Case 1 Case 2 Case 3 MEA Non-reactive object CH4:O2:He 700oC isothermal MEA #1 MEA #2 CH4:O2:He CH4:O2:He

Figure 3-11. Flow geometries for an upstream and a downstream MEA; case 1: base

case; case 2: with inert blocks; case 3: with a narrower channel around the 2nd MEA

For this configuration, three cases are compared (Fig. 3-11), with case 1 being the prototype for comparison by the other two. In the first case, the power densities of MEA #1 and 2 are 577 and 533 mW/cm2, respectively. The second MEA has a lower

value because of the one-way influence of the upstream MEA, similar to what has been discussed above (Fig. 3-7, 3-8 and 3-9). However, the gap between the two MEAs makes it highly possible for the products (e.g., syngas) from the anode of the first MEA to diffuse to the cathode of both the first and the second MEAs to consume more oxygen. For the second MEA in particular, this additional consumption of oxygen could further affect the power output adversely in addition to the depletion of methane and oxygen on its anode side by the upstream MEA.

Figure 3-12. Molar concentration of CH4 and O2 in the gas channel for case 2

As the first attempt to improve the performance of both MEAs, case 2 blocks the diffusion passage from the anode to the cathode by adding three non-reactive plates with the same dimension as the MEAs. Compared with case 1, this case results in an identical performance for the first MEA and a very small (0.9%) improvement for the second MEA (538 mW/cm2). The modeling results about gas concentrations in the channel and in the electrodes indicate that that the blocks work both ways. That is, although the harmful syngas diffusion from the anode to cathode is prevented, the beneficial diffusion of methane and oxygen that bypasses the cathode of the first MEA to the anode of the second MEA is also blocked. As shown in Fig. 3-12, there is still much more CH4 and O2 left on the cathode side compared with the anode side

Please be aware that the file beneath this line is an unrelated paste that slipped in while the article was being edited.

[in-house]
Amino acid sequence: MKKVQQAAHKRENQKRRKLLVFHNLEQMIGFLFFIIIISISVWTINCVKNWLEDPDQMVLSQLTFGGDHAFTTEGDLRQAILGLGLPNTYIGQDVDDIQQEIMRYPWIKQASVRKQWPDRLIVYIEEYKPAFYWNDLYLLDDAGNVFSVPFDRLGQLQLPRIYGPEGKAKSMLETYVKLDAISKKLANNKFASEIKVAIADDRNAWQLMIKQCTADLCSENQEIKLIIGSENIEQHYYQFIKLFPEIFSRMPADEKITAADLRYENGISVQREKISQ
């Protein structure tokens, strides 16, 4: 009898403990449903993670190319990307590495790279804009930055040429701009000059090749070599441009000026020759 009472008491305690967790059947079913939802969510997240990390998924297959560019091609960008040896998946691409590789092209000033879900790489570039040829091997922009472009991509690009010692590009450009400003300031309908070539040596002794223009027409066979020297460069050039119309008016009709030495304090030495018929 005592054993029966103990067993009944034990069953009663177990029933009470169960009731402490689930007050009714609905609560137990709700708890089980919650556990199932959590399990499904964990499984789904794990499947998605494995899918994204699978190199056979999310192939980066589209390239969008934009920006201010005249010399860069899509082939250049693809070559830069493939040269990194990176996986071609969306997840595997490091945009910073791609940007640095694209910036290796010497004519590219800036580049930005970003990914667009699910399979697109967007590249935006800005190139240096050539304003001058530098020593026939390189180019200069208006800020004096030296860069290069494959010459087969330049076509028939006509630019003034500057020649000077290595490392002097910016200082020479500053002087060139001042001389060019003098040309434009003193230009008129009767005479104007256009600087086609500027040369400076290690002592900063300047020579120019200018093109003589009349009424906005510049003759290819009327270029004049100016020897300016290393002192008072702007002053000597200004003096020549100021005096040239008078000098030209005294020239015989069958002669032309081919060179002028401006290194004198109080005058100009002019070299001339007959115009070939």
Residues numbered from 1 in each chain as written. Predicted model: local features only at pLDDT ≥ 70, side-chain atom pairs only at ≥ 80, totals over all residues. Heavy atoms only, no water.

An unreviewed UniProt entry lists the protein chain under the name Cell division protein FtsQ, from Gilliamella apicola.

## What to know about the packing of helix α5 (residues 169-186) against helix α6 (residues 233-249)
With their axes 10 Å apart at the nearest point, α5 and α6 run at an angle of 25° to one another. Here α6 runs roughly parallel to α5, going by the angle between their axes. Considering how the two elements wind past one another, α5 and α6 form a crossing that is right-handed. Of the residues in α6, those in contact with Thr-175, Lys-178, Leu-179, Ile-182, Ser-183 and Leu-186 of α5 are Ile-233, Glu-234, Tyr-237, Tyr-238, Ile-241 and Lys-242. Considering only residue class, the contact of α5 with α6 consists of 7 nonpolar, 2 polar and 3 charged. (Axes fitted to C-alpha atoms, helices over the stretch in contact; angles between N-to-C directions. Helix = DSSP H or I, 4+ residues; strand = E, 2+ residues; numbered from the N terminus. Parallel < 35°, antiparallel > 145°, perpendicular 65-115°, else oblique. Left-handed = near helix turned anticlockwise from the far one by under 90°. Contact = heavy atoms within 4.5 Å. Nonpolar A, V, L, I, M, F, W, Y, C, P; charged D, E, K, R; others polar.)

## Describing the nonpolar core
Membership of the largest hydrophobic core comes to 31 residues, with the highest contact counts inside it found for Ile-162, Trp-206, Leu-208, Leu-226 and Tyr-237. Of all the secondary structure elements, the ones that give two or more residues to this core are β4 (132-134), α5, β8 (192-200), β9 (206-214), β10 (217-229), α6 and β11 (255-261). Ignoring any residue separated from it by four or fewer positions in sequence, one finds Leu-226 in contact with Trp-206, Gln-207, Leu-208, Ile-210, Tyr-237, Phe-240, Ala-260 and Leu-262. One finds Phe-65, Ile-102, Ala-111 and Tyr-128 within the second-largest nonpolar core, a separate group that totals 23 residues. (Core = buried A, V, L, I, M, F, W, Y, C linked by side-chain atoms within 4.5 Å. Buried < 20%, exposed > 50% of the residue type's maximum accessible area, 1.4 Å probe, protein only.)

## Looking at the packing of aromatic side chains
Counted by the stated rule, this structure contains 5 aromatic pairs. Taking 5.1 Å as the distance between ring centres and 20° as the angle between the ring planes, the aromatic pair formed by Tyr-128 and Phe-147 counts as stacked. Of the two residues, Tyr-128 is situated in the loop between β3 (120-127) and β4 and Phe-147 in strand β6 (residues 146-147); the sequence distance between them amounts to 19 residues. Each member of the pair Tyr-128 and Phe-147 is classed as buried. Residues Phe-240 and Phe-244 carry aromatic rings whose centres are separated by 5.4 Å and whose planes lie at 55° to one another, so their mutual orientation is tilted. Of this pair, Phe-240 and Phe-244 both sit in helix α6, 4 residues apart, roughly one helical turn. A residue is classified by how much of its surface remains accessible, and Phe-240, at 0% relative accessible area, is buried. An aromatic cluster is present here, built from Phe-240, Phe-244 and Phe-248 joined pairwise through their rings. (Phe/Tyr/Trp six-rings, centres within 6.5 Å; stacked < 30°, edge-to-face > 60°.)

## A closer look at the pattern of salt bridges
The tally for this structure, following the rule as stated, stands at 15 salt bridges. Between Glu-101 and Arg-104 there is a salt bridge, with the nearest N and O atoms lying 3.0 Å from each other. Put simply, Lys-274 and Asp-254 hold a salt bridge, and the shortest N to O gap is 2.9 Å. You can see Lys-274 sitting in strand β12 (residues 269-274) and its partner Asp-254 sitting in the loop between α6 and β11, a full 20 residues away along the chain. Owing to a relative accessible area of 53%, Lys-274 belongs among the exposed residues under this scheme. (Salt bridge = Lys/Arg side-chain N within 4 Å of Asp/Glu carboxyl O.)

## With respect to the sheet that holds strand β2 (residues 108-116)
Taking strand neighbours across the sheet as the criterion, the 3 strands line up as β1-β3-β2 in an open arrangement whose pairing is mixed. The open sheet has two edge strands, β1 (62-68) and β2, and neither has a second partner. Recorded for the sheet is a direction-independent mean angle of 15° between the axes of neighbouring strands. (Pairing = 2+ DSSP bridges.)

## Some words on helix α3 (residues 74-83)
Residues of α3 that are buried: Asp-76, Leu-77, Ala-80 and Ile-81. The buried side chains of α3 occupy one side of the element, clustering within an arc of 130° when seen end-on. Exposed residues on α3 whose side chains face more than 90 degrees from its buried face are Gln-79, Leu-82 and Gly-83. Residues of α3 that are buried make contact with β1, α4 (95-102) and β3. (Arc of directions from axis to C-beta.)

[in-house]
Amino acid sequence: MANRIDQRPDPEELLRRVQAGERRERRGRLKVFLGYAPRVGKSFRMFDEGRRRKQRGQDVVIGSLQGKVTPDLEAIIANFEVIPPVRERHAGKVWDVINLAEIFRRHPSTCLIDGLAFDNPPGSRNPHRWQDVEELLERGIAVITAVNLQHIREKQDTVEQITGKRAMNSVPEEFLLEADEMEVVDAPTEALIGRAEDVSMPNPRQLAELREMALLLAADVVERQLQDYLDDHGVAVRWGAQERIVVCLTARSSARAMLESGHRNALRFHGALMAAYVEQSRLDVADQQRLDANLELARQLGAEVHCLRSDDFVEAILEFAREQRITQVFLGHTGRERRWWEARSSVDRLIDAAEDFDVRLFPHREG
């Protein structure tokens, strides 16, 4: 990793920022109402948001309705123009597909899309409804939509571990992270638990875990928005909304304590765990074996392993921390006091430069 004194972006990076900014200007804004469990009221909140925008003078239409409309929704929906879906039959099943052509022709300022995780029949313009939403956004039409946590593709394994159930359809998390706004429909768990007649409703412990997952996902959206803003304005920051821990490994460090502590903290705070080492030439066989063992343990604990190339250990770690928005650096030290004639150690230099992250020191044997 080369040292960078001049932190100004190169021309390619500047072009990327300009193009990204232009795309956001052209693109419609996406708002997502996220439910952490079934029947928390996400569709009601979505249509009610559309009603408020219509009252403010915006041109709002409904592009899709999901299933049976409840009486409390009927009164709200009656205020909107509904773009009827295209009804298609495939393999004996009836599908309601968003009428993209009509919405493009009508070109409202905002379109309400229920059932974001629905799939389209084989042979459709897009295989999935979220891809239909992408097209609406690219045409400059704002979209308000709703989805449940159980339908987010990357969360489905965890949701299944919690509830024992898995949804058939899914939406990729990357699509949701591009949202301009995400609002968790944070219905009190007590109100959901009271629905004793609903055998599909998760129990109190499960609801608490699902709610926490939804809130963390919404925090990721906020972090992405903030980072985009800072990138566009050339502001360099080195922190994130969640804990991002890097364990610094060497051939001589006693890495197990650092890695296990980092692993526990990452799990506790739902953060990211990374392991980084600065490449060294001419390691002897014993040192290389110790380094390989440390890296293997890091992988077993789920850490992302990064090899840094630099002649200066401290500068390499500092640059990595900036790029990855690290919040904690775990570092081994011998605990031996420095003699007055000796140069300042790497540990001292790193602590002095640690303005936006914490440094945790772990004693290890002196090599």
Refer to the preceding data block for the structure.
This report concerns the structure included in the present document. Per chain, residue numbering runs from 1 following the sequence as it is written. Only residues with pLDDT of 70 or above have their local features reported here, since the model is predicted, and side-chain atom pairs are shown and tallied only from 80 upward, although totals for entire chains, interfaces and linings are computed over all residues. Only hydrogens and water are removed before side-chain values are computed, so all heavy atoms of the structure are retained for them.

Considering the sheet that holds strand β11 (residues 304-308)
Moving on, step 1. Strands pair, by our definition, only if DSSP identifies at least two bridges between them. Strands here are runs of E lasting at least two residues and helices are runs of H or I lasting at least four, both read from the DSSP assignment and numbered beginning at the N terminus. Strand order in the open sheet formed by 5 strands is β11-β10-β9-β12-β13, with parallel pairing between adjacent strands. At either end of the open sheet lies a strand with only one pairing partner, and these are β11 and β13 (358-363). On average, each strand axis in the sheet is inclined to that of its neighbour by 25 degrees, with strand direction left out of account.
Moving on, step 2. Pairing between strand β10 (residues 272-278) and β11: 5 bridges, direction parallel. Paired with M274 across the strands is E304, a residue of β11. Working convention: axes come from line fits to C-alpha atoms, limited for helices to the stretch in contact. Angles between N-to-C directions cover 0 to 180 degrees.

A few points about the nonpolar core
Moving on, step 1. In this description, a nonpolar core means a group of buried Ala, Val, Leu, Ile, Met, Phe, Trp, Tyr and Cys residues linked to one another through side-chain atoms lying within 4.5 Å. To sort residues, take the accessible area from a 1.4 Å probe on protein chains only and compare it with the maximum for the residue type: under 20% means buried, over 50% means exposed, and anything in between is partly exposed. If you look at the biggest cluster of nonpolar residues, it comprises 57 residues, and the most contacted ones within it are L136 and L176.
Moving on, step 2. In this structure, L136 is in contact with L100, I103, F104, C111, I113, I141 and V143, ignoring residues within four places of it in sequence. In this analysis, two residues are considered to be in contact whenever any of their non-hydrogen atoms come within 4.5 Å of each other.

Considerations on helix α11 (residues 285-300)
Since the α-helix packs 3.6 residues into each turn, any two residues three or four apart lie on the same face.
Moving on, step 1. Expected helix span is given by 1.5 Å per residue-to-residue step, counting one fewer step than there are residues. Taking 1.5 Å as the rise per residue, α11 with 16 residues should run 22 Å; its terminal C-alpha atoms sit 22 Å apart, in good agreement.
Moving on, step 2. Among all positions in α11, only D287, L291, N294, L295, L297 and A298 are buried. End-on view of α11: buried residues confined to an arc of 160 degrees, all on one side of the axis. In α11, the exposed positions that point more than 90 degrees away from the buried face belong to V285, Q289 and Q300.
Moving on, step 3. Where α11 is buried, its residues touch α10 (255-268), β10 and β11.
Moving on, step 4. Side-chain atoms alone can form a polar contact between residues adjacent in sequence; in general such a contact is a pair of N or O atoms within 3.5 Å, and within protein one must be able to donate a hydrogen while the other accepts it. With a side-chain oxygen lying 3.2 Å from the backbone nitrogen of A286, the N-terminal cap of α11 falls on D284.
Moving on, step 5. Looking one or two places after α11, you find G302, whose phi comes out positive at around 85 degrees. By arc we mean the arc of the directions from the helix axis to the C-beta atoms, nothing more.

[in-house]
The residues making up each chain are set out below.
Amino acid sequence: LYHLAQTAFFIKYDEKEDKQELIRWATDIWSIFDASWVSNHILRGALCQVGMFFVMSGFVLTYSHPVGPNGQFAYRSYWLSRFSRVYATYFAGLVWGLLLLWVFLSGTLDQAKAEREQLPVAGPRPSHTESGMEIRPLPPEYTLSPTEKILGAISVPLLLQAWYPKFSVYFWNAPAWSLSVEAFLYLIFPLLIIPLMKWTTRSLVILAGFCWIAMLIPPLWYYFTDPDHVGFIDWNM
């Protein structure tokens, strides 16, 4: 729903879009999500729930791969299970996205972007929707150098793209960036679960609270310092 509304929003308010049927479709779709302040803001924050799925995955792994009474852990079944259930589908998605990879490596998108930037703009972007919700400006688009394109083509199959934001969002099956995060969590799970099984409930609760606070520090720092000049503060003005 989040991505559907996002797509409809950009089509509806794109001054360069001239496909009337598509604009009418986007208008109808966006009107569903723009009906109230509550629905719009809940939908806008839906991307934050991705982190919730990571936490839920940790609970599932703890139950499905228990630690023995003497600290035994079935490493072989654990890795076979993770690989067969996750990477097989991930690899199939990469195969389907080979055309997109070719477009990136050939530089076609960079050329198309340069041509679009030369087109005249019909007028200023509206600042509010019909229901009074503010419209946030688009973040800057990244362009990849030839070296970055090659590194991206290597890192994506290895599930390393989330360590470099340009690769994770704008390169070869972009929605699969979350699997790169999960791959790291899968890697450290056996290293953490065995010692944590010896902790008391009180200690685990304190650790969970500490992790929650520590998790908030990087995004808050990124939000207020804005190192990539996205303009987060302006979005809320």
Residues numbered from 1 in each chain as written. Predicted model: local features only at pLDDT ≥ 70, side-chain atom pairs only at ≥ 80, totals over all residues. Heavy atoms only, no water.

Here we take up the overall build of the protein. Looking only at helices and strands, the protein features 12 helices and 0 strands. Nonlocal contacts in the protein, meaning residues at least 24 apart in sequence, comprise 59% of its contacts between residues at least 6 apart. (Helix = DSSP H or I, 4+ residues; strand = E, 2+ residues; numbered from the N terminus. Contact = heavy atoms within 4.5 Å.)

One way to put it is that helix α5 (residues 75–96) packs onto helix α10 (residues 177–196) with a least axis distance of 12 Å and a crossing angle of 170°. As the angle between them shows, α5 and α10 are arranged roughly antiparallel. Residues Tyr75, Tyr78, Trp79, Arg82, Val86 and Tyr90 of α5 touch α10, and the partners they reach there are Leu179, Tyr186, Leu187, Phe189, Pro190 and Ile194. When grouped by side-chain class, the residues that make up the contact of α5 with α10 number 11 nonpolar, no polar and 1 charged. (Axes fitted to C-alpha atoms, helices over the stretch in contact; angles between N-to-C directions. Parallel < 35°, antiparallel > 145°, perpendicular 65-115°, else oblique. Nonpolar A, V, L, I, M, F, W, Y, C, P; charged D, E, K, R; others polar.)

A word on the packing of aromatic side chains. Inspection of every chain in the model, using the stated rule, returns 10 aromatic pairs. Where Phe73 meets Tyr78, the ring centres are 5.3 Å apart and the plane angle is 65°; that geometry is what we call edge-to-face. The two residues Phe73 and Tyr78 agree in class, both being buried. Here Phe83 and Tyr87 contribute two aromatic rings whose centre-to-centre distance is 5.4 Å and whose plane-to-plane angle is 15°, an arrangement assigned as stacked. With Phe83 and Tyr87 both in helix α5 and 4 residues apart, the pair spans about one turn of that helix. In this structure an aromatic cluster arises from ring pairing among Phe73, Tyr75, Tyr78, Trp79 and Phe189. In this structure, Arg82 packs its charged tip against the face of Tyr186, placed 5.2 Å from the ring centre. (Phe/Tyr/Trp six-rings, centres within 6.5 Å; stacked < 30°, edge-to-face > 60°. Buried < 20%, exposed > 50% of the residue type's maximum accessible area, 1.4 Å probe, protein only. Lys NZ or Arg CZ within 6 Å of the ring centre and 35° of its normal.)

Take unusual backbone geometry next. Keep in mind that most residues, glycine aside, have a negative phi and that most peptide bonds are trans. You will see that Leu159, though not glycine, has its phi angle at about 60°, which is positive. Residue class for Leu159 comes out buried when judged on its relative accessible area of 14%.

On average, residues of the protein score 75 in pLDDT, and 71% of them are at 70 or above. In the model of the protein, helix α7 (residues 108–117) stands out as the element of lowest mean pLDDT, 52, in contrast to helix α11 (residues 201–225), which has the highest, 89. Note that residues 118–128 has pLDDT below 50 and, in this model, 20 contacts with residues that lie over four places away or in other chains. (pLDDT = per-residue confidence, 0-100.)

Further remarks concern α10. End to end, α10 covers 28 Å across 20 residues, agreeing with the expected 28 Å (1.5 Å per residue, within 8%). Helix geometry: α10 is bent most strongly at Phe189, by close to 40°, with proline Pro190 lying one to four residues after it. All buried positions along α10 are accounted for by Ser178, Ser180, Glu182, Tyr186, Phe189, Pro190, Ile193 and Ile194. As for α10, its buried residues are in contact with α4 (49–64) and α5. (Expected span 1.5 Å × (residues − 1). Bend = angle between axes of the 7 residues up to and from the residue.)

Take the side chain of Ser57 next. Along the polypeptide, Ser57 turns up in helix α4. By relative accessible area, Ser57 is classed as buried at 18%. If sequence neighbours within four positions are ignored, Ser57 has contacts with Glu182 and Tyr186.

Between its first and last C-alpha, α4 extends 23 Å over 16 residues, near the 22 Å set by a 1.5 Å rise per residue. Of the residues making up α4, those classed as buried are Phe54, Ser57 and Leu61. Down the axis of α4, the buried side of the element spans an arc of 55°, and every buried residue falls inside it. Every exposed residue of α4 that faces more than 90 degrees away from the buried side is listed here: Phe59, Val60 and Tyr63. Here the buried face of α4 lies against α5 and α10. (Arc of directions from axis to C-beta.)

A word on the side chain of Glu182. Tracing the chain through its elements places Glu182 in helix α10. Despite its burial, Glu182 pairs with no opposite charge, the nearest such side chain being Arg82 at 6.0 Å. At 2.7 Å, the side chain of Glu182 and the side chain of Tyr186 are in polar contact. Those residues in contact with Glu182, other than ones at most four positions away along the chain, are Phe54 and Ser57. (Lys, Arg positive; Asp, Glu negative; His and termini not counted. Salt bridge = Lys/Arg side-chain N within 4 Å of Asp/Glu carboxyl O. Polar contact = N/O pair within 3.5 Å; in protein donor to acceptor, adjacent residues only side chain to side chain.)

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(especially the second MEA). By the discussion of the f/o ratio, it is easy to understand that the depletion of these two reactants by the anode of the first MEA significantly overshadows the second one, and thus a replenishment of them for the anode of the second MEA from the cathode side of the first MEA could improve the production of hydrogen and thus the performance of the second cell.

Based on this analysis, an alternative geometry is discussed in case 3, in which the second MEA is placed in a narrower channel, and as a result its power output is effectively improved by 2.4% to 546 mW/cm2. From the perspective of the flow field, the maximum flow speed over the second MEA increases from ~ 44 cm/sec to ~ 60 cm/sec after two non-reactive blocks of thickness 2.27 mm are attached to the channel walls, and the higher flow speed along the MEA is helpful to alleviate the depletion effect by delivering more reactants to the downstream portion of the same MEA. Meanwhile, the narrower channel makes the diffusion path of gas-phase species shorter on either side of the second MEA, which is beneficial to the whole MEA too. In addition, because the diffusion block between the two MEAs is taken away, the remaining CH4 and O2 from the lower portion of the channel can easily diffuse to the

0.0 0.1 0.2 0.3 0.4 0.5 0.6 0.7 0.8 -0.2 -0.1 0.0 0.1 0.2 0.3 0.4 0.5 0.6 0.7 0.0 0.5 1.0 1.5 2.0 2.5 Hy dr og en Pr odu ctio n Rate (k mol /m 2/sec )

Distance to Anode-Electrolyte Interface (μm) case 3

case 2

Figure 3-13. Reaction rates of methane and hydrogen within the anode of the second MEA for case 2 and case 3. (a) methane consumption rate; (b) hydrogen production rate

0 100 200 300 400 500 600 700 case 3 case 2 Me th ane Co ns umpti n Rate (k mol /m 2/s e c )

Distance to Anode-Electrolyte Interface (μm) case 3 case 2 (a) (b) Methan e Con c en tr ati on ( mol /m 3)

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anode side of the second MEA, which results in a higher concentration of methane and higher production rate of hydrogen in the anode of the second MEA (Fig. 3-13).

In document Numerical study of single chamber solid oxide fuel cells (Page 95-101)